The Stardust Thief is a rousing tale of adventure, featuring a young thief with a djinn bodyguard, midnight assassins, dangerous desert quests, ancient lamps, magical disguises, a cruel prince and his softhearted younger brother, the Forty Thieves, and much more. Kirkus Reviews calls it “a beautifully crafted adventure,” and the sequel, The Ashfire King, is already on the schedule for early next year. I bought copy of the first volume last weekend I’m looking forward to diving into it.
Riding the Nightmare (Valancourt Books, August 22, 2023). Cover by Vince Haig
Lisa Tuttle was born in USA, but relocated to the UK many years ago. She is a successful novelist, but especially a great short story writer, the author of numerous collections of dark fiction.
Her latest collection, forthcoming from the small but excellent imprint Valancourt Books, collects twelve previously published stories and is introduced by Neil Gaiman who, very aptly, emphasizes the Aickmanesque nature (meaning it somehow recalls the atmosphere of Robert Aickman)of some tales.
As a short fiction lover, a Lisa Tuttle fan, and a long time admirer of Aickman, my expectations for this book were high. And I was not disappointed.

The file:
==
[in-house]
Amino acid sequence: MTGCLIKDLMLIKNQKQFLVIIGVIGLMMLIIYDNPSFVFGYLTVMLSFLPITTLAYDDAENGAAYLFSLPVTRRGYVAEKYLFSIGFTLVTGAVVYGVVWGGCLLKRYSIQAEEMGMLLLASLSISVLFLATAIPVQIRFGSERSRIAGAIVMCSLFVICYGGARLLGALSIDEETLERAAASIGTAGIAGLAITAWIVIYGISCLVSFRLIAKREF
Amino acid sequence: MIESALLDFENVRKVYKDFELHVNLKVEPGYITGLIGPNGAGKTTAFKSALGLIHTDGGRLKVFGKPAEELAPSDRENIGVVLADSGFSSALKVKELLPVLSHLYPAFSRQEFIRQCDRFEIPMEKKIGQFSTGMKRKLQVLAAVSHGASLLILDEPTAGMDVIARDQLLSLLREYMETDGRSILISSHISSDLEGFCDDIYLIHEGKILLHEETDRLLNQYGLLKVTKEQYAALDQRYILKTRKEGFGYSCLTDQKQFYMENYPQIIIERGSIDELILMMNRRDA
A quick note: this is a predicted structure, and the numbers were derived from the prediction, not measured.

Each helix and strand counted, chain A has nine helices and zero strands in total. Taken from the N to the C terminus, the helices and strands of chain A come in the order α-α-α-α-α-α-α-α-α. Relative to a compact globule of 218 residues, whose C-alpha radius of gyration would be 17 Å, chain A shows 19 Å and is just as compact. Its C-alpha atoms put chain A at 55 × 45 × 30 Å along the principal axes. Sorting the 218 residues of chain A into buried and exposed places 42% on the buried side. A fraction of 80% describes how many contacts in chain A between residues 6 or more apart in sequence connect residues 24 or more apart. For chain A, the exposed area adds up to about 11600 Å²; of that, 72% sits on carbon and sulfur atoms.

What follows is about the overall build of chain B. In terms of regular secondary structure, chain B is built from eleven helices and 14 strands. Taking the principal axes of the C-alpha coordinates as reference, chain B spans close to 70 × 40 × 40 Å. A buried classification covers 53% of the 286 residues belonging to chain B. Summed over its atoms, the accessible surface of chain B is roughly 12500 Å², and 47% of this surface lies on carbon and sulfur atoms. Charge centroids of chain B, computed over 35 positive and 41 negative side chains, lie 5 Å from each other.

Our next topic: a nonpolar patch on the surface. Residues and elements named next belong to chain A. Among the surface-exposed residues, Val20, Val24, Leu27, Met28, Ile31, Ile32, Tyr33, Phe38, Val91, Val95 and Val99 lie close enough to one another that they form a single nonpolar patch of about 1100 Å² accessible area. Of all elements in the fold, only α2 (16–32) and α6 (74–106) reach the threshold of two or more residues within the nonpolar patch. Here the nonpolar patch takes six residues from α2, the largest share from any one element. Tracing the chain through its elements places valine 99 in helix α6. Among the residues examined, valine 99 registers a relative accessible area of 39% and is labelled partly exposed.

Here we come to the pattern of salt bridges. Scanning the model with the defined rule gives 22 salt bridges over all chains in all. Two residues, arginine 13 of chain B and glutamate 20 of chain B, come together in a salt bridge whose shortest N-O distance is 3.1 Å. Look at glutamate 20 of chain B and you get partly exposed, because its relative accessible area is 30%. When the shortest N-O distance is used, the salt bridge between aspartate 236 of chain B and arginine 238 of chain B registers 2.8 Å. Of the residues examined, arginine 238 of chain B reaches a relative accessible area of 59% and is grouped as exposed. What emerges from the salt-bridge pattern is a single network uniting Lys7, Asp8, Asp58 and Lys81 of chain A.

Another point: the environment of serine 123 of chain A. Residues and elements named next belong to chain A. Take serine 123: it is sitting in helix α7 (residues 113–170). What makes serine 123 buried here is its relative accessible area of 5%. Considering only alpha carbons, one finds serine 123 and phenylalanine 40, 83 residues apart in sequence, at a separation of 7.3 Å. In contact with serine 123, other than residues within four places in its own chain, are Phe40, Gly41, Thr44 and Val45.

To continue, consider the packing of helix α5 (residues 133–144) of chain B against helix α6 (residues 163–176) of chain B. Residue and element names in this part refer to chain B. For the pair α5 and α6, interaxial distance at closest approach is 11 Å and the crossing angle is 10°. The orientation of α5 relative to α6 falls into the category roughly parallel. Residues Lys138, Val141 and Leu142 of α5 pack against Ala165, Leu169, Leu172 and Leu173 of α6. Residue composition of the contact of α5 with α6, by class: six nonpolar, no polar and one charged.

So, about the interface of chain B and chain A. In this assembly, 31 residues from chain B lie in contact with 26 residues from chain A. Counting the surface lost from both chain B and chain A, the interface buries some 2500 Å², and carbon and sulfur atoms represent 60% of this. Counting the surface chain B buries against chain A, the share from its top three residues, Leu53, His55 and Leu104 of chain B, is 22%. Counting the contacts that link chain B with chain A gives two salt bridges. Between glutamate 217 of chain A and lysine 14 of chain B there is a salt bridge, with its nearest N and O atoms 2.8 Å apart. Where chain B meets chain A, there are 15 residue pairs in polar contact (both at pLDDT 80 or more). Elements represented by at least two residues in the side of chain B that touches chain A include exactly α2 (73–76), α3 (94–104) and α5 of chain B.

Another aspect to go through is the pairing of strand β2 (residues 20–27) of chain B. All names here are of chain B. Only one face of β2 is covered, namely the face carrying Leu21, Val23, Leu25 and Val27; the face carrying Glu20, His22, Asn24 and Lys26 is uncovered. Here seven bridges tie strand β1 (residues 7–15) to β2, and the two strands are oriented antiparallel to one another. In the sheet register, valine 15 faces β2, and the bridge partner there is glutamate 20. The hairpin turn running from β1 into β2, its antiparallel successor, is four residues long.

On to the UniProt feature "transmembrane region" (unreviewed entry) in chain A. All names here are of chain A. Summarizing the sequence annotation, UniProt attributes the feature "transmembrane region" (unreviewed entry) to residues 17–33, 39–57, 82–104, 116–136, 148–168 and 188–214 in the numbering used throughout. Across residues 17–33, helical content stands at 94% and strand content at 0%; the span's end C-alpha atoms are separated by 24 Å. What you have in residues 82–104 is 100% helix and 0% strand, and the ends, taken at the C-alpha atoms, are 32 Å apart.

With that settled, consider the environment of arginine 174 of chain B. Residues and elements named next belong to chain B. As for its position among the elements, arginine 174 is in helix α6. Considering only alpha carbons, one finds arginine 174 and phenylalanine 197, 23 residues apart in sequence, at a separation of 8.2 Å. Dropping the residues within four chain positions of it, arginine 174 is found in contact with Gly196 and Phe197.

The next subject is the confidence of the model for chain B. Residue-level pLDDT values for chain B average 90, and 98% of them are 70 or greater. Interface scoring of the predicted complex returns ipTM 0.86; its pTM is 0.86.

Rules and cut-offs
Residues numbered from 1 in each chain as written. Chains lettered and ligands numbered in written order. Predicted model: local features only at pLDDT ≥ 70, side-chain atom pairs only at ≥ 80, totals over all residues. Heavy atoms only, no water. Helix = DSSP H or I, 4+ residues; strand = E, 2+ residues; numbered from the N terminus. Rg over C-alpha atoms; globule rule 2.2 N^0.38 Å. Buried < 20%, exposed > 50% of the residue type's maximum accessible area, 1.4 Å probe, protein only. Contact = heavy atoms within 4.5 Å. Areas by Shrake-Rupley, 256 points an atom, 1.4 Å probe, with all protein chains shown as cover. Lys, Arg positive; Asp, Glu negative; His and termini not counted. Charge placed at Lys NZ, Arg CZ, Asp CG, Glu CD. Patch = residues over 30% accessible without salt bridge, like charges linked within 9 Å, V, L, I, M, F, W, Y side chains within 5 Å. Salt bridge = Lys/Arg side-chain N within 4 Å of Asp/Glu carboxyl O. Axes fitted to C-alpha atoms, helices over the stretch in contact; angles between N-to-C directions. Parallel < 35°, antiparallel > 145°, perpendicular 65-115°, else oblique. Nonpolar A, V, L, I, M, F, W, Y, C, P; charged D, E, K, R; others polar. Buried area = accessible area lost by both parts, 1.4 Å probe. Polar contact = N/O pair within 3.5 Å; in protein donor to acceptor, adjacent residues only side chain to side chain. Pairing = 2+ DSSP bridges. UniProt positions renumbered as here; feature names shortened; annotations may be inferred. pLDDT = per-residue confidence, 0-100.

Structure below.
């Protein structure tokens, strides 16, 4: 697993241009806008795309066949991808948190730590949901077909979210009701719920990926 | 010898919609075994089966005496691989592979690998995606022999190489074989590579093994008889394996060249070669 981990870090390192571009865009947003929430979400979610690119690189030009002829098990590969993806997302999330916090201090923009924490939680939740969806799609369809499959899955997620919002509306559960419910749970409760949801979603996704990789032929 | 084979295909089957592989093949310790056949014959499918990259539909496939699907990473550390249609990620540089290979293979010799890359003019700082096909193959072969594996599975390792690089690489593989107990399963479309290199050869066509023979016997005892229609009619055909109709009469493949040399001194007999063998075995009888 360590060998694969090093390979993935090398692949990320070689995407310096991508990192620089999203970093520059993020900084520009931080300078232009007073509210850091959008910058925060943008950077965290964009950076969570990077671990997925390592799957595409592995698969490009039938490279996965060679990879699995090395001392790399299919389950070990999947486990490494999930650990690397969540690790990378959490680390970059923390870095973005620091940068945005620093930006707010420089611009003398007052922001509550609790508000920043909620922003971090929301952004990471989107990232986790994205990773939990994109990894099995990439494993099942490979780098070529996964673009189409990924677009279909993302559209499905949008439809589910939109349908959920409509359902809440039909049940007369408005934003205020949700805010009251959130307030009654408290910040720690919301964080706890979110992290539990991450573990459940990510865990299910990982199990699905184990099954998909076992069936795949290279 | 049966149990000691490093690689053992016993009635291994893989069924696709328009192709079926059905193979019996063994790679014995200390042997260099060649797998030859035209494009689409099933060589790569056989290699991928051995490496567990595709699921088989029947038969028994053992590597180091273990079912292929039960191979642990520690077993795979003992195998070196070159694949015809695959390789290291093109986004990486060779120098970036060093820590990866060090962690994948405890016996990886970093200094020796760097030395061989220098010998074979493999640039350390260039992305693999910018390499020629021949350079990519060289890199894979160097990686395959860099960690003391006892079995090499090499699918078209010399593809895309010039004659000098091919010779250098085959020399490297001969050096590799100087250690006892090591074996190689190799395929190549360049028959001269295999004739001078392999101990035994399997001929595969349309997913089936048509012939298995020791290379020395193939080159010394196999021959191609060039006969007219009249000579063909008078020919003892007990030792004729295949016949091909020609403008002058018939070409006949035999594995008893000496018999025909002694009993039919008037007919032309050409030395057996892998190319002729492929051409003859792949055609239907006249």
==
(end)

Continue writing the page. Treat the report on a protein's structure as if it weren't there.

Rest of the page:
Witch King by Martha Wells (Tor.com, May 30, 2023). Cover art by Cynthia Sheppard
Martha Wells was one of the most popular authors we published in Black Gate. Her terrific Ile-Rien tales (“Reflections,” Black Gate #10, “Holy Places,” BG #11, and “Houses of the Dead,” BG #12) were set in the same world as her nebula-nominated novel The Death of the Necromancer, and her popular Fall of Ile-Rien trilogy (The Wizard Hunters, The Ships of Air, and The Gate of Gods).
Of course, her career really took off with the appearance of Muderbot. The first two books in the series, All Systems Red and Artificial Condition, won back-to-back Hugo and Locus Awards; after that Martha graciously declined further nominations to give other nominees a chance. That didn’t stop the Hugo electorate from voting The Murderbot Diaries the 2021 Hugo Award for Best Series (the same year that Network Effect, the 5th volume, won the Hugo for Best Novel).
Martha’s upcoming Witch King, her first new fantasy novel in over a decade, arrives from Tor.com at the end of the month and, as you can imagine, it’s one of the most highly anticipated books of the year. Martha has promised us a guest post on the book in a few weeks, so stay tuned.
Rise of the Red Hand and Fall of the Iron Gods (Erewhon Books,
January 19, 2021, and April 30, 2024). Cover design by Lisa Marie Pompilio. Covers by Rashed AlAkroka